COLUMBUS: The hardest part, Jack Mewhort said, was the phone call to Ohio State coach Urban Meyer.
Mewhort can’t remember the details of his conversation with Meyer after his May arrest in June near Dublin, Ohio, on charges of obstructing official business.
“I’ve kind of blocked it out,” Mewhort said.
The exact words might be forgotten, but he remembers well enough the sinking feeling of having to make the call. Mewhort had to explain how he had been stopped for public urination late at night with teammate Jake Stoneburner and another friend.
“The sound of disappointment in his voice was overwhelming for me,” said Mewhort, a redshirt junior.
Mewhort knew Meyer was counting on him to play left tackle. All through spring, Meyer had praised Mewhort as a player and leader. Now Meyer was compelled to suspend him and Stoneburner and to strip them of their scholarships for the summer.
“I messed up and made a mistake,” Mewhort said. “I think that was the most painful part for me. It was hard, just because I’d never been in trouble before. It was such a dumb mistake on my part.”
Mewhort said he was knocked off course for about a week. Conversations with his father, Don, helped refocus him. Mewhort and Stoneburner eventually pleaded guilty to a reduced misdemeanor charge of disorderly conduct.
Meyer described the incident as a “stupid, ignorant mistake,” but he added that it didn’t erase his view of Mewhort as a “model student, model citizen.”
Still, the suspension and loss of scholarship stung Mewhort, a Toledo native.
“It kind of took me by surprise,” Mewhort said. “It really made me appreciate everything more when I got reinstated. I understand the punishment, and I think it was a great way to make me realize the gravity of my actions.”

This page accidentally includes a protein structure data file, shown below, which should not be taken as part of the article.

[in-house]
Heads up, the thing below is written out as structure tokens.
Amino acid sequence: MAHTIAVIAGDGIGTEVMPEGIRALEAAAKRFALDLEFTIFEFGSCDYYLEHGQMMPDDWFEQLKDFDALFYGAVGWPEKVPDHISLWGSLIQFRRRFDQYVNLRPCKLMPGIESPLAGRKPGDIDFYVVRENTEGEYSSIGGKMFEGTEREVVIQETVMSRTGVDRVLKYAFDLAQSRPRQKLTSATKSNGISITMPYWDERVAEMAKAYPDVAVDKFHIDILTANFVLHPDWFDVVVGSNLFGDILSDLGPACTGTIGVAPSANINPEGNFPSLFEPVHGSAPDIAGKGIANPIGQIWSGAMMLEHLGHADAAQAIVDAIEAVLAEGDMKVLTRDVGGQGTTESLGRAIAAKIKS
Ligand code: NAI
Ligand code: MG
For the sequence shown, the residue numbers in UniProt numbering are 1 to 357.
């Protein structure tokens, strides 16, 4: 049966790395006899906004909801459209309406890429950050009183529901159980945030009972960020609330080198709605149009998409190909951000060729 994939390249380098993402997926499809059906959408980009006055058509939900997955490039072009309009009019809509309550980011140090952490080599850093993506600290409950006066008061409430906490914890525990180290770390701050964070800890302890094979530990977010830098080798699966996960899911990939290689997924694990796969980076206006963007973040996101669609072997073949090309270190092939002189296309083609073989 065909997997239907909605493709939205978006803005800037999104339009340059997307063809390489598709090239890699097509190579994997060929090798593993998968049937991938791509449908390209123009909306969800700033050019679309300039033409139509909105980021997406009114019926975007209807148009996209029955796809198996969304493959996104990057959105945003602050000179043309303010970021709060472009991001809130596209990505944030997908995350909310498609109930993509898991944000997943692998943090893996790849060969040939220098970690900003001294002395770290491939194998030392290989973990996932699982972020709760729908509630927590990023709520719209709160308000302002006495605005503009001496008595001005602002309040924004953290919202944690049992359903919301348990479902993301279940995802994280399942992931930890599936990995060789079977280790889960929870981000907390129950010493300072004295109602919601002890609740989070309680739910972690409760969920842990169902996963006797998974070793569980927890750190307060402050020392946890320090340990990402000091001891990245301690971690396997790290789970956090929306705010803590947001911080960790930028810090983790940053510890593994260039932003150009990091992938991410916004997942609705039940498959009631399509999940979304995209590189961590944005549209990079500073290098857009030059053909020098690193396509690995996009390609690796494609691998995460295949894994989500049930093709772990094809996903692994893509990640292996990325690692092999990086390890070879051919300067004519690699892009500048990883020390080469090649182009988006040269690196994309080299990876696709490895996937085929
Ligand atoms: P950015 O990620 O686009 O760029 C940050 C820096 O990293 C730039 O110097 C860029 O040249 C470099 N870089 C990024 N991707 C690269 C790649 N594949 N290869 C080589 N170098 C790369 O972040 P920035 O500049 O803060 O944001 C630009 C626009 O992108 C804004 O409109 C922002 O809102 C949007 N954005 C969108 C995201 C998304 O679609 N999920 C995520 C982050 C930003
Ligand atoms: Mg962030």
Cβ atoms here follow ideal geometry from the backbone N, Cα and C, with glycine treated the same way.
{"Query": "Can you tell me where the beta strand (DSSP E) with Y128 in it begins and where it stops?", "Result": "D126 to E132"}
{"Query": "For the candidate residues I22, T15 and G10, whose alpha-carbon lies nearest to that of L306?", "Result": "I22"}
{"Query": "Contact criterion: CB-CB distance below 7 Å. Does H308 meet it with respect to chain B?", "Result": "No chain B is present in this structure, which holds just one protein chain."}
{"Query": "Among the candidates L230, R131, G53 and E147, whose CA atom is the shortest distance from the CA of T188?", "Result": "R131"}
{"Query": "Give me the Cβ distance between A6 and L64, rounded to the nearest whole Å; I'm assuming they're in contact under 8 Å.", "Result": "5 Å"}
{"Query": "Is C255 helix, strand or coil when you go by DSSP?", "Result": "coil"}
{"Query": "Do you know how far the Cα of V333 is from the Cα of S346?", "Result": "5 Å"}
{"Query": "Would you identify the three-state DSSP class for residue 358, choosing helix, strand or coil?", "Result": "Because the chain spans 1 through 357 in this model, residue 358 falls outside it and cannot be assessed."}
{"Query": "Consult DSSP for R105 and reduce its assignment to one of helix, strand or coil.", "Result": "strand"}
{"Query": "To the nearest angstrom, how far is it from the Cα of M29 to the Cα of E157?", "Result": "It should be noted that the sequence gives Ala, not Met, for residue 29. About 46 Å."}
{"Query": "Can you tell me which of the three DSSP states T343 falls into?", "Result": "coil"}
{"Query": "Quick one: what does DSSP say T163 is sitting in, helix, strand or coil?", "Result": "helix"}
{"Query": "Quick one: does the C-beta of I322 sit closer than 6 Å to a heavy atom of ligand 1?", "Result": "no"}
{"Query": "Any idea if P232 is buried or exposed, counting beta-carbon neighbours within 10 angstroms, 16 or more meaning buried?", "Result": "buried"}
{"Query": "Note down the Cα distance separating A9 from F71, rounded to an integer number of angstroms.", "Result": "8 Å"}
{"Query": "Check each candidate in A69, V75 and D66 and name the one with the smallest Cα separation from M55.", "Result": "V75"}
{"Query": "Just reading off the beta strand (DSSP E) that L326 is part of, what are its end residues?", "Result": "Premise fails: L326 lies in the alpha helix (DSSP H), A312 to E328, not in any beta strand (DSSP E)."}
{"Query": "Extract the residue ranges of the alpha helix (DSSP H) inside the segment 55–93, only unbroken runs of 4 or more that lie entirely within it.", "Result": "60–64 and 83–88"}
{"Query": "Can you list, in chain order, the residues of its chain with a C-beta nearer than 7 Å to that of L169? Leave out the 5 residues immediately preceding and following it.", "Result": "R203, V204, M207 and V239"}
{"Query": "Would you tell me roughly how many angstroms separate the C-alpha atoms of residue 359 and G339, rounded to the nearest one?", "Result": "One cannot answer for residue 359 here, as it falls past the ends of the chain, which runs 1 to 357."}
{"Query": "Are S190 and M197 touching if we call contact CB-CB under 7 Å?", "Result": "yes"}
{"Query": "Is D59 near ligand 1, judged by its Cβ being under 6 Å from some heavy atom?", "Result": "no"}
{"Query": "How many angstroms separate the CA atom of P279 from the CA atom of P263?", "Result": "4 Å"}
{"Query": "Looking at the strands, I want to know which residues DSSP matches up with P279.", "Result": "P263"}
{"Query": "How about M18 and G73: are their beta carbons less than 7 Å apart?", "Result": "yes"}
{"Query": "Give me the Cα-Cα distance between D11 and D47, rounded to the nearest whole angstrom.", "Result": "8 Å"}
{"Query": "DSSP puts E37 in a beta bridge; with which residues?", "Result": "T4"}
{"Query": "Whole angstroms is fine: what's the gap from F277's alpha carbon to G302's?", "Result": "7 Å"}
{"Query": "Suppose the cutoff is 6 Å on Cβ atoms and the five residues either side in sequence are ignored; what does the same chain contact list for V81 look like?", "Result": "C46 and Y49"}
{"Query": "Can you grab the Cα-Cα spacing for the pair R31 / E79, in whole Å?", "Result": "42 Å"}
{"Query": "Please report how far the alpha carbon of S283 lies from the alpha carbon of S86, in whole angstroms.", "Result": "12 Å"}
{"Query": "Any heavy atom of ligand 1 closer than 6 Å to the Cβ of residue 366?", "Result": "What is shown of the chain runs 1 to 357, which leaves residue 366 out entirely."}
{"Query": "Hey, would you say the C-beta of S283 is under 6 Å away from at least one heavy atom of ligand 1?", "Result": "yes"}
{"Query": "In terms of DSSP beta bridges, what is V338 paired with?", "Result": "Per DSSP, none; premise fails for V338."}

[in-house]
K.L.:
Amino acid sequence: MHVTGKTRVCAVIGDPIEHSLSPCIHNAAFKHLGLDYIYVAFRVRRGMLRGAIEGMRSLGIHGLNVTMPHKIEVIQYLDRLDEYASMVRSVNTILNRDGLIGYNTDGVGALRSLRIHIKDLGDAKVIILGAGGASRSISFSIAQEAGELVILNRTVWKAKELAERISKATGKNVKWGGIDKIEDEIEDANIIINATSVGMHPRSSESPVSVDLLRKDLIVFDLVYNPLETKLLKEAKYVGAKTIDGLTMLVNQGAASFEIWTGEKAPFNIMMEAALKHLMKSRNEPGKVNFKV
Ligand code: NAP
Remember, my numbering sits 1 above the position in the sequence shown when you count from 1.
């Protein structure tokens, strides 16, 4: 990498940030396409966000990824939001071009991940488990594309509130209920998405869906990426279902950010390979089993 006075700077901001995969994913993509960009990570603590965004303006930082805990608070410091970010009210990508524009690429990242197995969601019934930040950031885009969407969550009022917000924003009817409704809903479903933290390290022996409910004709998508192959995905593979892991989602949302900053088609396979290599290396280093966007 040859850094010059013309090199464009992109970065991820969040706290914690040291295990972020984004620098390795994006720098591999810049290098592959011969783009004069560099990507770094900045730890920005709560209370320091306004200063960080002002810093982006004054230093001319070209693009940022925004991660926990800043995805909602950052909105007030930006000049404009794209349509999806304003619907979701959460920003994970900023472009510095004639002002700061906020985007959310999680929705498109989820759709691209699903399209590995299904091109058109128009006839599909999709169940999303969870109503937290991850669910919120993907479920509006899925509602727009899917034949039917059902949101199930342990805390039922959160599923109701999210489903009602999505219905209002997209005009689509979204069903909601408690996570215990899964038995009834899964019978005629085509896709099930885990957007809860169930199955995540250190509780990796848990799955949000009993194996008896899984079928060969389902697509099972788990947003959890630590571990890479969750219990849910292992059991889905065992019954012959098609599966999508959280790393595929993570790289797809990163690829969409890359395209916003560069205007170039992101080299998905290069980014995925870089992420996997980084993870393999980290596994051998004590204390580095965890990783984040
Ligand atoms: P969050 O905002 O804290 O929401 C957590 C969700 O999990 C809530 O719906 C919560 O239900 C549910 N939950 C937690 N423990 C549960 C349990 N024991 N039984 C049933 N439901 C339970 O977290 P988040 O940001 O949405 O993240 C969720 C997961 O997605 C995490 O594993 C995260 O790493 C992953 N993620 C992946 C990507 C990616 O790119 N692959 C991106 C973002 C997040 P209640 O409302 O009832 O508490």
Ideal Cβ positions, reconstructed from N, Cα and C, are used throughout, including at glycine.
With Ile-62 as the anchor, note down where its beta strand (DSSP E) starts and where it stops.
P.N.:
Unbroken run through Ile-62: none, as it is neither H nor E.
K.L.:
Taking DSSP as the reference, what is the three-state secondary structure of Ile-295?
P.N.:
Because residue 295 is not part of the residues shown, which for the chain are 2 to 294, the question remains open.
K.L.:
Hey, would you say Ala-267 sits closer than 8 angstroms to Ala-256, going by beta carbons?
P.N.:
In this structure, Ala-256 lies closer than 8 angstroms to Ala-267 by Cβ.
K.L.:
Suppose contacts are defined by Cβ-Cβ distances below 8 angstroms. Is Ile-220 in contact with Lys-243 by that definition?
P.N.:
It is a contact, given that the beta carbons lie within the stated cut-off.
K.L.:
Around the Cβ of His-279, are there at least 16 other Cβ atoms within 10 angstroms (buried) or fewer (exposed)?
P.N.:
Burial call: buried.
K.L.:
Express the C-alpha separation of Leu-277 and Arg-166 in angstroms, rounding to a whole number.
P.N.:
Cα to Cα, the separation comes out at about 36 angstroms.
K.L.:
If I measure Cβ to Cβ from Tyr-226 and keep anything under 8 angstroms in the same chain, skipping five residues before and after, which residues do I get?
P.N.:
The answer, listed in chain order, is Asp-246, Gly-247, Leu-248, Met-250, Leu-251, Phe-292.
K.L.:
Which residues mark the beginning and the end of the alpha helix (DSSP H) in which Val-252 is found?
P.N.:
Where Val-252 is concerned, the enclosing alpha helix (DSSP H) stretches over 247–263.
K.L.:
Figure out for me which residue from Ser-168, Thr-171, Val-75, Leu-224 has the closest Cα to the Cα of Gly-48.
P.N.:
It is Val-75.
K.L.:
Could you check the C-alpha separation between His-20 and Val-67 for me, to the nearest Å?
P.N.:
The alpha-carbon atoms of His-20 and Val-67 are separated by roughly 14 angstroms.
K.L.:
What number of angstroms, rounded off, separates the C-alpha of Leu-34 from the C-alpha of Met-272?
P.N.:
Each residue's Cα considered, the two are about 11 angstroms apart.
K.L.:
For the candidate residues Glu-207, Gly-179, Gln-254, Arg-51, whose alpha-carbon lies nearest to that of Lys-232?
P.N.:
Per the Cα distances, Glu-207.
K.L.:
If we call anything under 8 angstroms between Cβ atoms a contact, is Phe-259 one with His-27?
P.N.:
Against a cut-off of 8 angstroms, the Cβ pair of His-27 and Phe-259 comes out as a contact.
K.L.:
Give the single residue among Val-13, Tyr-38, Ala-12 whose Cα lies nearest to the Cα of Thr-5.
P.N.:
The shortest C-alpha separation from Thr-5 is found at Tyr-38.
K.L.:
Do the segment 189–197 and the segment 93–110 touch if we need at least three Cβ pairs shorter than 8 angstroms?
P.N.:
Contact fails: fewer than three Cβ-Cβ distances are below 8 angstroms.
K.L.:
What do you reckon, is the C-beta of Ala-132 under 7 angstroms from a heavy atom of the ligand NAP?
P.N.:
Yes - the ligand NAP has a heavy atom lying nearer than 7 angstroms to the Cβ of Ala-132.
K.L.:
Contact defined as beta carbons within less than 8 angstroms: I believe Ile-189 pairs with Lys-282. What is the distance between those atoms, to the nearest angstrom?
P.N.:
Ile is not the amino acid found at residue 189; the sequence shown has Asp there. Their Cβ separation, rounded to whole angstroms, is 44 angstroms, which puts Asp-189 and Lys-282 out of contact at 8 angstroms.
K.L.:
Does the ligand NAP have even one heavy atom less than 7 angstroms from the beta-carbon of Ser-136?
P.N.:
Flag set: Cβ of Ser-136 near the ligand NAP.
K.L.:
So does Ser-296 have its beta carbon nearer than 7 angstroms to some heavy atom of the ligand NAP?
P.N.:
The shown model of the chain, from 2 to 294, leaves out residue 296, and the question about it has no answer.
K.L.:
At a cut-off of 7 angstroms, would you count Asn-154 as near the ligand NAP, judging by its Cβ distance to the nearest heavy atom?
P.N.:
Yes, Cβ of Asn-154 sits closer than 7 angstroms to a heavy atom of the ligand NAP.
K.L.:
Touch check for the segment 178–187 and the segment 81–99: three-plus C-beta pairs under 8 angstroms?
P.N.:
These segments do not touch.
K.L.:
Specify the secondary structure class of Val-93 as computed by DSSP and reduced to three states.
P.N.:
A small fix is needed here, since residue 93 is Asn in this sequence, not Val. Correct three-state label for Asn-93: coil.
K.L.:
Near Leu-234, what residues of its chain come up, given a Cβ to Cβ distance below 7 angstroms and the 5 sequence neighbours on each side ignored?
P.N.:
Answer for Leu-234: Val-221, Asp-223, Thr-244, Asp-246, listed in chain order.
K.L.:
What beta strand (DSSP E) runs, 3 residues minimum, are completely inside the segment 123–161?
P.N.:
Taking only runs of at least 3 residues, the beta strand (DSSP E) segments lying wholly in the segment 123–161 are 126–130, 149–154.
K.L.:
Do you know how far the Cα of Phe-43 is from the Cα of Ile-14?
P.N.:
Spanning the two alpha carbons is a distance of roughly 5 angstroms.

Mewhort took much solace in his belief that his teammates and offensive line coach, Ed Warinner, retained their faith in him.
“I don’t feel I ever really lost the team,” he said. “But I know when I came back in, I had a chip on my shoulder just to work and rededicate myself to the program.=
“When I think about all the guys on the team, those are my brothers. I’m going to definitely get back to where I was where guys can look to me for guidance.”
Mewhort started at right guard for most of last year. With three veteran starters gone, the Buckeyes reshuffled their line, and Meyer moved Mewhort to left tackle.
That’s typically the most important position on the line because it protects a quarterback’s blind side. Given how valuable Braxton Miller is to the Buckeyes, it’s particularly pivotal.
As Ohio State prepares to play Alabama-Birmingham on Saturday, Mewhort still is adjusting to left tackle.
“It’s definitely a little more responsibility,” he said. “It’s [requiring] different techniques, but I love the challenge.”
By his own admission, Mewhort might not fit the prototype of a left tackle.
“I’m not the best athlete,” he said. “I don’t have the best feet.”
Mewhort does have some experience at the position. As a freshman, he worked there during the spring and played some snaps at tackle last year against Purdue. His belief is that he ought to be competent wherever he’s asked to play.
“It’s just a matter of switching your stance and tweaking little things to go out there and be confident on the edge,” Mewhort said.
So far, so good.
“He’s probably our best lineman right now,” Meyer said. “He’s a hard-nosed player that does great for the community, does great for Ohio State.”
Meyer then repeated that Mewhort’s transgression was “a really stupid thing.”
Mewhort doesn’t need to be reminded.
“I realize now I can never let that ever happen again,” he said.